- Fouad Elkoury
- Sherihan (From the Egyptian Cinema Series)
- silver bromide print
- 65 by 91cm.; 25 1/4 by 35 7/8 in.
- Executed in 1987, this work is from an edition of 13 plus 2 artist's proofs and was printed in 2001-2002.
"In response to your inquiry, we are pleased to provide you with a general report of the condition of the property described above. Since we are not professional conservators or restorers, we urge you to consult with a restorer or conservator of your choice who will be better able to provide a detailed, professional report. Prospective buyers should inspect each lot to satisfy themselves as to condition and must understand that any statement made by Sotheby's is merely a subjective, qualified opinion. Prospective buyers should also refer to any Important Notices regarding this sale, which are printed in the Sale Catalogue.
NOTWITHSTANDING THIS REPORT OR ANY DISCUSSIONS CONCERNING A LOT, ALL LOTS ARE OFFERED AND SOLD AS IS" IN ACCORDANCE WITH THE CONDITIONS OF BUSINESS PRINTED IN THE SALE CATALOGUE."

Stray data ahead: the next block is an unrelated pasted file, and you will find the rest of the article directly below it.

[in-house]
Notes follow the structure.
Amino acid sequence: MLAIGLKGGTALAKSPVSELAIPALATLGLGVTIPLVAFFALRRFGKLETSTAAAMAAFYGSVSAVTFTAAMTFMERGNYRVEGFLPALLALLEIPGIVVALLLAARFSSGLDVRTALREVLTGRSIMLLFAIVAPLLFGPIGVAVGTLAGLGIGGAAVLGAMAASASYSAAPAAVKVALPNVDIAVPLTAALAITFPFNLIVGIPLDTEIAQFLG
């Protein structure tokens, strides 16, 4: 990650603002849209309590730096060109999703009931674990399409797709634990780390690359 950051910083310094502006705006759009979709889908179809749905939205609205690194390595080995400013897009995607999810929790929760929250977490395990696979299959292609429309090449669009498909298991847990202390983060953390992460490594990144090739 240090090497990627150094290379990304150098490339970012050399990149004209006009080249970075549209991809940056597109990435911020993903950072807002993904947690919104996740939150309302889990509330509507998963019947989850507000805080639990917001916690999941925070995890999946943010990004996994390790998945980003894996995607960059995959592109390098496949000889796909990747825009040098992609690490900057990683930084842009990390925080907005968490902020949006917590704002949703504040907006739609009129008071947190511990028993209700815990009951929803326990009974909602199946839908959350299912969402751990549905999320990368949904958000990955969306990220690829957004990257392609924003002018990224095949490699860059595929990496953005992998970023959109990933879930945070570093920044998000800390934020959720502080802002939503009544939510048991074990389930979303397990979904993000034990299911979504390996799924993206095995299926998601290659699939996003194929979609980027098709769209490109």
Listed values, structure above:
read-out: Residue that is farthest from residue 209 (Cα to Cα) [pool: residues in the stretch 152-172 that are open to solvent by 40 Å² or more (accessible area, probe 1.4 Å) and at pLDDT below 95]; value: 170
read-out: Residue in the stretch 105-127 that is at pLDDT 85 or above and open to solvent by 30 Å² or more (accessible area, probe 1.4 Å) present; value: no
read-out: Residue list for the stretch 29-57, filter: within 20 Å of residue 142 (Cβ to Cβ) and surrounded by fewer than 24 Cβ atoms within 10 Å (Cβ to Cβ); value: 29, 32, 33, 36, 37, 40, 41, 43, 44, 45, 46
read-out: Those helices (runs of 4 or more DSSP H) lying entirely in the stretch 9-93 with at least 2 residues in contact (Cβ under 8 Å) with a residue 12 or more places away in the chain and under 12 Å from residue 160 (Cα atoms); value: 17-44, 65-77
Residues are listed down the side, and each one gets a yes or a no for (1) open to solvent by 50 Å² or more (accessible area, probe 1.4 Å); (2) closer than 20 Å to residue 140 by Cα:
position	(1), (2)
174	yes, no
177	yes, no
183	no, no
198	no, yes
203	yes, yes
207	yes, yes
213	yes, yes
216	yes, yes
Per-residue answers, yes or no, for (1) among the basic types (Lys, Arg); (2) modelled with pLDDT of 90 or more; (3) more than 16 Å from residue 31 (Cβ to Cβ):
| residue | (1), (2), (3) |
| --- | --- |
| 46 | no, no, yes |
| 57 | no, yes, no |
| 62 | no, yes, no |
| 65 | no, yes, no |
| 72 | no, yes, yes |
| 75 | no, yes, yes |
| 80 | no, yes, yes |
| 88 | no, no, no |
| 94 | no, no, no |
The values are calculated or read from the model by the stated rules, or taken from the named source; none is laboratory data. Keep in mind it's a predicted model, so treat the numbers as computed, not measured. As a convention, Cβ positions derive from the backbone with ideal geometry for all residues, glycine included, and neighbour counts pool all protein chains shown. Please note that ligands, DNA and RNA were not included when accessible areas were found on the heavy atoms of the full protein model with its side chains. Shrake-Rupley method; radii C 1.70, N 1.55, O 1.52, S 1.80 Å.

The rise of a Lebanese cinematic tradition became a unifying tool during these years. Famed filmmakers and photographers like Fouad El-Khoury as well as Joceyln Saab and Maroun Bagdadi turned their lenses toward Middle Eastern icons. These pioneers uplifted region-specific actors, scenes and traditions that were unique or important to the Lebanese cultural landscape at this time. In the present print, Fouad El-Khoury captures the illustrious Egyptian actress and singer, Sherihan. Pictured here in black and white, seated with her lips slightly parted and eyes transfixed, Sherihan is spellbound as she gazes toward the foreground. A woman who is usually the object of the eye, is now part of the audience. El-Khoury manipulates the gaze of the viewer, who paradoxically becomes the star of the screen. Oddly, the actress is in an empty theatre. The theatre, a place ordinarily associated with collective gathering, is shown here as an isolating experience; undoubtedly serving as an allegory of the Lebanese War. Sherihan looks on in amazement, watching and waiting as the viewer does. El-Khoury’s Sherihan eludes understanding, and leaves the viewer wondering whether we are complicit in this considered act of looking, or whether we are simply blind to the action on stage or screen.